What You Really Need to Know About Mindfulness
What You Really Need to Know About Mindfulness
Practicing mindfulness has so many positive benefits, but it can seem challenging to fit into everyday life.
If mindfulness sounds daunting, boring, or like something you don’t have time for, then this episode is for you.
We are taking a deep dive into its many benefits, and how to practice mindfulness in real life with expert Dr. Leah Weiss.
Let’s make it happen!
Do you want to improve your focus to be more present in your everyday life?
We’ve got you covered.
Mindfulness: does it sound daunting, boring, or like something you could never do?
This episode is all about what you really need to know about mindfulness and how to do it in real life.
Dr. Leah Weiss has a depth of knowledge and experience when it comes true mindfulness and she’s also a mama, so she knows what it’s like to live in the real world.
Leah noticed that this lofty idea of mindfulness was really not translating well into our day to day, seeming like something unattainable that takes forever.
Mindfulness has a lot of research-backed effects when it comes to wellbeing, to feeling really good, and when it comes to helping and serving those around you.
“It’s not about selfishness, it’s about being in your body, being able to pay attention to the moment, which helps you live your best life and helps you to contribute in so many ways”.
On mindfulness beyond meditation:
Leah found that as a mama, she needed to think about mindfulness beyond meditation, the other 23+ hours in the day.
Her book really clarifies how to leverage opportunities for mindfulness outside of the meditation context.
Meditation is in the service of having a perspective or way of being in the world.
It is a great, powerful way to cultivate, to train, to get stronger, but it’s always been about the world.
Leah is more interested in reorienting our relationship with mindfulness, to say “what does it really mean to be mindful“, and “why are we meditating if it’s not to bring this into our relationships, our workplace, and stress?”
There may be some pushback around personalizing meditation or framing it to benefit us in the workplace, but it’s always been a complex idea that has infused meditation into real life and work.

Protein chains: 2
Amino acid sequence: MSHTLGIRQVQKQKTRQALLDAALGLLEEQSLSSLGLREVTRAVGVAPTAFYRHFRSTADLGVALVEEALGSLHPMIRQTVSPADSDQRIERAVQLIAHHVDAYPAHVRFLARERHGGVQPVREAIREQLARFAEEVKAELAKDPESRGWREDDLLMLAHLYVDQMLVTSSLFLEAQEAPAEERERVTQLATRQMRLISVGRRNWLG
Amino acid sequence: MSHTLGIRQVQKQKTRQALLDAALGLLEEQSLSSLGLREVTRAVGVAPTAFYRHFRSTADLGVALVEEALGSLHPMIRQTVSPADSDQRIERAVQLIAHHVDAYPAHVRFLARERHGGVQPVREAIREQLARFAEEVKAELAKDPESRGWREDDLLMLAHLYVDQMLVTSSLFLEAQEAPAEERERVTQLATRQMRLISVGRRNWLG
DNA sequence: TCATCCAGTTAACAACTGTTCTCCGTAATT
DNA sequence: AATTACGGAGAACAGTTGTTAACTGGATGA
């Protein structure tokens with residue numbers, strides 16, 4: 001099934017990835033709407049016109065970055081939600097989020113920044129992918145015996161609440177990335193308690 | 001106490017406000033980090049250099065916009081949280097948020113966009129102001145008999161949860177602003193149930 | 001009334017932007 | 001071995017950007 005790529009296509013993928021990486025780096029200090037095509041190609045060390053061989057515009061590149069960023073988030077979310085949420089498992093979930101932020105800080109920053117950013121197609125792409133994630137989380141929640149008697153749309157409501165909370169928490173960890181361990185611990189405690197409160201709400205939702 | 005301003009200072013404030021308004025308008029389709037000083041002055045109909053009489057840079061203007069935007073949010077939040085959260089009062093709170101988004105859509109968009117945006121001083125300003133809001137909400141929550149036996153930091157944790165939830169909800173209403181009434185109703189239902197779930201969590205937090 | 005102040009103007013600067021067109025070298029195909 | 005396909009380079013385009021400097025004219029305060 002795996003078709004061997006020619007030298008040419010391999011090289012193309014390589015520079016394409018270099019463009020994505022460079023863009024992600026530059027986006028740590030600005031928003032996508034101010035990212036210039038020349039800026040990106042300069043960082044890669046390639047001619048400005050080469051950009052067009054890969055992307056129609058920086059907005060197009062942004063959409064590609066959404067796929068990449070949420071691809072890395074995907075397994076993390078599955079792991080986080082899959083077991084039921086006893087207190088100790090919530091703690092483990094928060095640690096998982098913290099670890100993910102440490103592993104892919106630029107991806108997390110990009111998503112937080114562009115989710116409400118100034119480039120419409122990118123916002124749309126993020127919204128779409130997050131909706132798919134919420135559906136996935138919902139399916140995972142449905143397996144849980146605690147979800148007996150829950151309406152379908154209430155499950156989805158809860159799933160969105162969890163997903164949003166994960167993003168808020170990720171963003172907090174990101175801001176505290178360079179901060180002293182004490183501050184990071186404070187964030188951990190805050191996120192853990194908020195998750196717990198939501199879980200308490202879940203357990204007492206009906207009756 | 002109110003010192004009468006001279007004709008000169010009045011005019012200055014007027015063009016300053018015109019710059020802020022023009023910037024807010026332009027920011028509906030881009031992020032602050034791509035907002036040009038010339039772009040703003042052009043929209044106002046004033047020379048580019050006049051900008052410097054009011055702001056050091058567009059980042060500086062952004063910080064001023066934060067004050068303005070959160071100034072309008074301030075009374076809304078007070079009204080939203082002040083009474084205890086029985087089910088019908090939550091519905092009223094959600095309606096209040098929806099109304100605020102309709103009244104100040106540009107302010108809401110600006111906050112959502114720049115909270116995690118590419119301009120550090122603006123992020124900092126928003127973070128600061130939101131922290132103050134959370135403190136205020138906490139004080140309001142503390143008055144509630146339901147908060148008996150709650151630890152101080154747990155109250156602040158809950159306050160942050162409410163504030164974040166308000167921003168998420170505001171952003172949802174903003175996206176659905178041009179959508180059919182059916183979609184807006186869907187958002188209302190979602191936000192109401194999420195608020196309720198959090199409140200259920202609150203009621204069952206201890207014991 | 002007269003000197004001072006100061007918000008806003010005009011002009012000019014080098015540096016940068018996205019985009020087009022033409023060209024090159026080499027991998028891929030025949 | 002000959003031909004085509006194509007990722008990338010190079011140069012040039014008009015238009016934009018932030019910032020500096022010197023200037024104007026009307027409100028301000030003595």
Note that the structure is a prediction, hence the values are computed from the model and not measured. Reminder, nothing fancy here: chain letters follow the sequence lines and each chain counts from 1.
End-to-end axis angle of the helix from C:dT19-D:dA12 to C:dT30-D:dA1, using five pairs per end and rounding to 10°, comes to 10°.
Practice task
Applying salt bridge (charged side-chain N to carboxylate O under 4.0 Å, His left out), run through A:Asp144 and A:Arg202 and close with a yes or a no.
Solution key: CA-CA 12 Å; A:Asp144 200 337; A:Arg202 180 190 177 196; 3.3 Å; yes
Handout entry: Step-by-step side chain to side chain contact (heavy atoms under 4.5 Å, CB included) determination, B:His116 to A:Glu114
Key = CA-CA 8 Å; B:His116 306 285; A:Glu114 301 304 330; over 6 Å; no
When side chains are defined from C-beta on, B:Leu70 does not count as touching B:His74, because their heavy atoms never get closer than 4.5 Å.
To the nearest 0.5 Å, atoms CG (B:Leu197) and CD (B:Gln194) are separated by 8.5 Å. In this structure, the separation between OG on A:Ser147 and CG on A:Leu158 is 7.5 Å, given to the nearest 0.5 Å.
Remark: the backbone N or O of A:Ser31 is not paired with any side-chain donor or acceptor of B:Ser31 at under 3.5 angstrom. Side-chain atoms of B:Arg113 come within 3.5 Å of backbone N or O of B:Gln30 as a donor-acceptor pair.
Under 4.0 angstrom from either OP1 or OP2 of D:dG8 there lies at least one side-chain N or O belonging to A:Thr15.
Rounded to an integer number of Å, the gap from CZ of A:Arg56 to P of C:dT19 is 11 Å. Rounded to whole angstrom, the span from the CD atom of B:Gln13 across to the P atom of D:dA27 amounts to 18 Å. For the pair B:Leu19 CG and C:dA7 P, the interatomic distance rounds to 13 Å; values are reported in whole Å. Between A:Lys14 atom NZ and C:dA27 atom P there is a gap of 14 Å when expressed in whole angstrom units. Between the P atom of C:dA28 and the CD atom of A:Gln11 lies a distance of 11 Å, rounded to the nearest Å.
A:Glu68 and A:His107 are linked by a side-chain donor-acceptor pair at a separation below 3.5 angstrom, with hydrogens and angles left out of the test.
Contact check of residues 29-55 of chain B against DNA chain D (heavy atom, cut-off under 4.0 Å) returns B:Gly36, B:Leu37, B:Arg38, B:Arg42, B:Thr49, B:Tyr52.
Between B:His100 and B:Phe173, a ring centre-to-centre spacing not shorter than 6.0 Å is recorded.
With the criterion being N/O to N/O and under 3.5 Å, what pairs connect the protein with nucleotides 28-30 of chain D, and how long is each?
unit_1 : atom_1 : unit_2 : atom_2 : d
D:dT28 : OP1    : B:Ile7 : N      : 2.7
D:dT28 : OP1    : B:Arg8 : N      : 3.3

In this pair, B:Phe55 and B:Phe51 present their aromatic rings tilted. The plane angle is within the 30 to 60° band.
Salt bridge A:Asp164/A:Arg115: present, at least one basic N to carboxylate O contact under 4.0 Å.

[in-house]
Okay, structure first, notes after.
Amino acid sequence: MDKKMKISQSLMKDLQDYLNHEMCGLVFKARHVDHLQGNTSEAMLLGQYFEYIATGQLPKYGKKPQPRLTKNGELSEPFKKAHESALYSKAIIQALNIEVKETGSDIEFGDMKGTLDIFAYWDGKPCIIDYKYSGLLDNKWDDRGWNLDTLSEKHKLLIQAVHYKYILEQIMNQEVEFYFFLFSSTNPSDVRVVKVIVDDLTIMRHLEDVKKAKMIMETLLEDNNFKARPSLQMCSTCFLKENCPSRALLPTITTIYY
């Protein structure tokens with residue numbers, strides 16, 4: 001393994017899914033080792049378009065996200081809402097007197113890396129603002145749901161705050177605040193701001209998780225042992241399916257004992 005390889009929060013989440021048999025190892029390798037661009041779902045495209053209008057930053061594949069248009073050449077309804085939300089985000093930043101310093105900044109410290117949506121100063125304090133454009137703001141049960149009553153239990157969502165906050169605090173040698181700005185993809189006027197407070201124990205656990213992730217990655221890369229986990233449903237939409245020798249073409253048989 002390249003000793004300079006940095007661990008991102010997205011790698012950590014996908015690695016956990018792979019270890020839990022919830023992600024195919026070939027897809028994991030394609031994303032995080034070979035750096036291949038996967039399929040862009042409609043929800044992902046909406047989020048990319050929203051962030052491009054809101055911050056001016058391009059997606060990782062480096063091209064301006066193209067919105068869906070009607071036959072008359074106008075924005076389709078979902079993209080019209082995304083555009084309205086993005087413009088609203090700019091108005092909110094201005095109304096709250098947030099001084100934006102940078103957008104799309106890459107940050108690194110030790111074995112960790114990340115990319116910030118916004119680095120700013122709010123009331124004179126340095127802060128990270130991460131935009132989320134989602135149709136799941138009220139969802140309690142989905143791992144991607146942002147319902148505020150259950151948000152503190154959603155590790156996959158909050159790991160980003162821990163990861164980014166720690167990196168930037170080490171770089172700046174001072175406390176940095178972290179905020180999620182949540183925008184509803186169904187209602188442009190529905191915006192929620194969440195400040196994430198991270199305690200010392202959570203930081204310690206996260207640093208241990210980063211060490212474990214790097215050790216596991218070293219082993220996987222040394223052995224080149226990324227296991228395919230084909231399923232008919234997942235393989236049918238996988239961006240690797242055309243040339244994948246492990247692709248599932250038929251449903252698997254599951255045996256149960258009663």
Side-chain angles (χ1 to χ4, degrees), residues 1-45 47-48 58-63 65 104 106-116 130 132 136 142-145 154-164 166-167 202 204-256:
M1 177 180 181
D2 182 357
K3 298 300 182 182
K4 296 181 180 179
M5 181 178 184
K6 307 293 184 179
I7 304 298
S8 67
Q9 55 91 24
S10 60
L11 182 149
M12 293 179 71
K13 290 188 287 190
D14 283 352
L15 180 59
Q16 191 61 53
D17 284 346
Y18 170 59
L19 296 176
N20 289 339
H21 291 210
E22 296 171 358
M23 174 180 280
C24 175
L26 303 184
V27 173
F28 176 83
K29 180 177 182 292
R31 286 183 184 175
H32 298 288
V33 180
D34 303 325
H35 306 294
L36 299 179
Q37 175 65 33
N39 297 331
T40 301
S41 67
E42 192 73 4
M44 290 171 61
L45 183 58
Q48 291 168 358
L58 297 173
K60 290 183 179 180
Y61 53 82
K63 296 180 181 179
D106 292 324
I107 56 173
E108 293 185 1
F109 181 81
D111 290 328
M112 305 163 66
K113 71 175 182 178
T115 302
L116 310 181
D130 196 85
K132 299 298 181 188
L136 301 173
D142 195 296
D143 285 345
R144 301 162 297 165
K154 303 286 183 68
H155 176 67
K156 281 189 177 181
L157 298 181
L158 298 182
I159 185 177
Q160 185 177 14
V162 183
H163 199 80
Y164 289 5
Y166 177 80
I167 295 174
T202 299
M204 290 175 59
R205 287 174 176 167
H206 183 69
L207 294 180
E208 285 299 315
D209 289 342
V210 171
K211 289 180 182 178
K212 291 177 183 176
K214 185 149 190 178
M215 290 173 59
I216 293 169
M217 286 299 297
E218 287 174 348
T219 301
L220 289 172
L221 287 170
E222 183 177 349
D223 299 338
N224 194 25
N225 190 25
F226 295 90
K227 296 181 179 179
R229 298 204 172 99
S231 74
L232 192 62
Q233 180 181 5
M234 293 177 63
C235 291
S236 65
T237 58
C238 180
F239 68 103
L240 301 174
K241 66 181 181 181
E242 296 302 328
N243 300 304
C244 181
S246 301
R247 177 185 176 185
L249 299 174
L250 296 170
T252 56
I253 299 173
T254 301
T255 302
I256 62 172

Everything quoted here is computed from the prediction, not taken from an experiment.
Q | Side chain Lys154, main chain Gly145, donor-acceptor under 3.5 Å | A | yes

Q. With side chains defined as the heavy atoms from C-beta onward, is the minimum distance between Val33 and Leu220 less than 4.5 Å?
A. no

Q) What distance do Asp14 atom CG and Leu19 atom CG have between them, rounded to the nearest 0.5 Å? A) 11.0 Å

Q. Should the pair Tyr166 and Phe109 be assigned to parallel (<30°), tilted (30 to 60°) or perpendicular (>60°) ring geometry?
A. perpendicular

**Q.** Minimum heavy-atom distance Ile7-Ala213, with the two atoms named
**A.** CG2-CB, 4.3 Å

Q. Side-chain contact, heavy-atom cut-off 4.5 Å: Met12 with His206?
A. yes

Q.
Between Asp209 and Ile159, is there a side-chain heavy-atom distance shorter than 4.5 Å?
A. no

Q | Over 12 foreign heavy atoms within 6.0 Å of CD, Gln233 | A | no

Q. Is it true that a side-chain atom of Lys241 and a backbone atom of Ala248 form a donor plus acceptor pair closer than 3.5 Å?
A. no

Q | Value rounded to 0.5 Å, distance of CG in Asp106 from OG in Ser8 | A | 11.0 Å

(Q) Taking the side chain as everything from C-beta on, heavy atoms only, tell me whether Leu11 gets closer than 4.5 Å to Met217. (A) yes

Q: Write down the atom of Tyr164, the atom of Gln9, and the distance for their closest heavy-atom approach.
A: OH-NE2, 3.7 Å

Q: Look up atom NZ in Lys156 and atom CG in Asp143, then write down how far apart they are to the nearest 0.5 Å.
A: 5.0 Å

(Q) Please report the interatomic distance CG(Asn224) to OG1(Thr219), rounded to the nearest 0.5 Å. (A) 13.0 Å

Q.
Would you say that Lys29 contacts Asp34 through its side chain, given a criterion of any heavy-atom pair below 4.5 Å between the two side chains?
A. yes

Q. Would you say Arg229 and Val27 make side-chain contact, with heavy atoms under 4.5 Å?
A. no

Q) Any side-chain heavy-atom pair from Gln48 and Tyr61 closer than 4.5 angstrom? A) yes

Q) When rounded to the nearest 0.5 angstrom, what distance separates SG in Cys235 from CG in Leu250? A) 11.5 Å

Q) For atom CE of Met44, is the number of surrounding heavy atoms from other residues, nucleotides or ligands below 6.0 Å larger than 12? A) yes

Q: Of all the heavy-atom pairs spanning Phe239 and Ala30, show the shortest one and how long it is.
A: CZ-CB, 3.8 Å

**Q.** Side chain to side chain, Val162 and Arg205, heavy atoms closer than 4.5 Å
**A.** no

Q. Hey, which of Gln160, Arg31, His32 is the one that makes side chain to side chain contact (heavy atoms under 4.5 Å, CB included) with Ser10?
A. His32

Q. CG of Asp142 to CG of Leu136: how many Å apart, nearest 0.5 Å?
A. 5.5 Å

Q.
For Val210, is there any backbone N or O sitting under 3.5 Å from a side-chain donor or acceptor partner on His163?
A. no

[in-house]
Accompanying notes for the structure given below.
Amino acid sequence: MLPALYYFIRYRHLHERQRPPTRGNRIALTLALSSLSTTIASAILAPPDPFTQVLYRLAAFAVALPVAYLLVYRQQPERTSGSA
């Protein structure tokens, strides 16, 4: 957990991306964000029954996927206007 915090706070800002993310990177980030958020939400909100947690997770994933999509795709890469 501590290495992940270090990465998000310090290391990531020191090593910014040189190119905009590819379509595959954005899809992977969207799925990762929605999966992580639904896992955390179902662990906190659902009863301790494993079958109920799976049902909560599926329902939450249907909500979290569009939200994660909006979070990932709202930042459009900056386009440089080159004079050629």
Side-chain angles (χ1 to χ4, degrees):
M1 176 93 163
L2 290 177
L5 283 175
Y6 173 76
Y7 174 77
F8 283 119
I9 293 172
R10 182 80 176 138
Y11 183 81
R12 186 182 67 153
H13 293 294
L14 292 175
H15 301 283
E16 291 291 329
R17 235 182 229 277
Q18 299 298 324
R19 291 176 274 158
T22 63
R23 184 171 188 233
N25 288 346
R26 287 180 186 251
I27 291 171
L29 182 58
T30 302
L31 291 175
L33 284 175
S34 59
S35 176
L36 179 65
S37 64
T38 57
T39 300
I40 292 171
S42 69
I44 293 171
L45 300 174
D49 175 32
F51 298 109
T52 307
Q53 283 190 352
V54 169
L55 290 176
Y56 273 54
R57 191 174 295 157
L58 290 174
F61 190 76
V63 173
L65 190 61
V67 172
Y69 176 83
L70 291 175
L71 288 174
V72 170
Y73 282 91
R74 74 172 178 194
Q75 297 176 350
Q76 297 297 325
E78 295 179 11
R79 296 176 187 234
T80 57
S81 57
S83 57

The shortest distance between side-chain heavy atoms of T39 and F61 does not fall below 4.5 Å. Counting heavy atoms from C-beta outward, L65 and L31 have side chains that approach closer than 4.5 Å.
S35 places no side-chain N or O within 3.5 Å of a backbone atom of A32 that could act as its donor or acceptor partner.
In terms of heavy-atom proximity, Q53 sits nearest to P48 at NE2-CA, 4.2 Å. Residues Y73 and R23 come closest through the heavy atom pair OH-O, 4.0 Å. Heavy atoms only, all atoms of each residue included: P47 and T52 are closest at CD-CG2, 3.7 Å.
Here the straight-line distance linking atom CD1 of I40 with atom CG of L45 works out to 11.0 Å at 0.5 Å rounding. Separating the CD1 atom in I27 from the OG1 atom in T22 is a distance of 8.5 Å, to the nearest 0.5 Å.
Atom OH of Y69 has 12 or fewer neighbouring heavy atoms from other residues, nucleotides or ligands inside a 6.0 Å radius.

Mindfulness is something that fits into all lifestyles and religions, too.
On the false dichotomy:
There is a natural formulation to put things into two separate categories at odds with each other, but often there are more than two options.
What does it mean to frame things as more of a spectrum?
There is often an expectation that we are a certain way in one context and a different way in another when in actuality, we are the same person bringing experiences into each space.
Everyone is dealing with something, and we can support that in the workplace.
On mindfulness in real life:
Mindfulness: the intentional use of attention.
There’s not a division between meditation as it’s supposed to unfold in our life in the way that these practices have been framed.
We can be aware of what we are selecting and returning our attention to, even if it’s doing the dishes or folding laundry.
But in a world that our attention is being pulled in different directions, we can experience overwhelm and an inability to feel a sense of fulfillment
The three-part definition that Dr. Kristin Neff uses is helpful in remembering the what in what we’re doing.
Self-compassion: mindfulness + common humanity + self-kindness / self-coaching.
Mindfulness in that we can be aware of our own suffering.
Common humanity is being part of the human condition. It’s contextualizing what we’re experiencing and using it as an opportunity to narrow and isolate or see it as a bridge to better understand other people.
Whether we can meet our own suffering with self-kindness.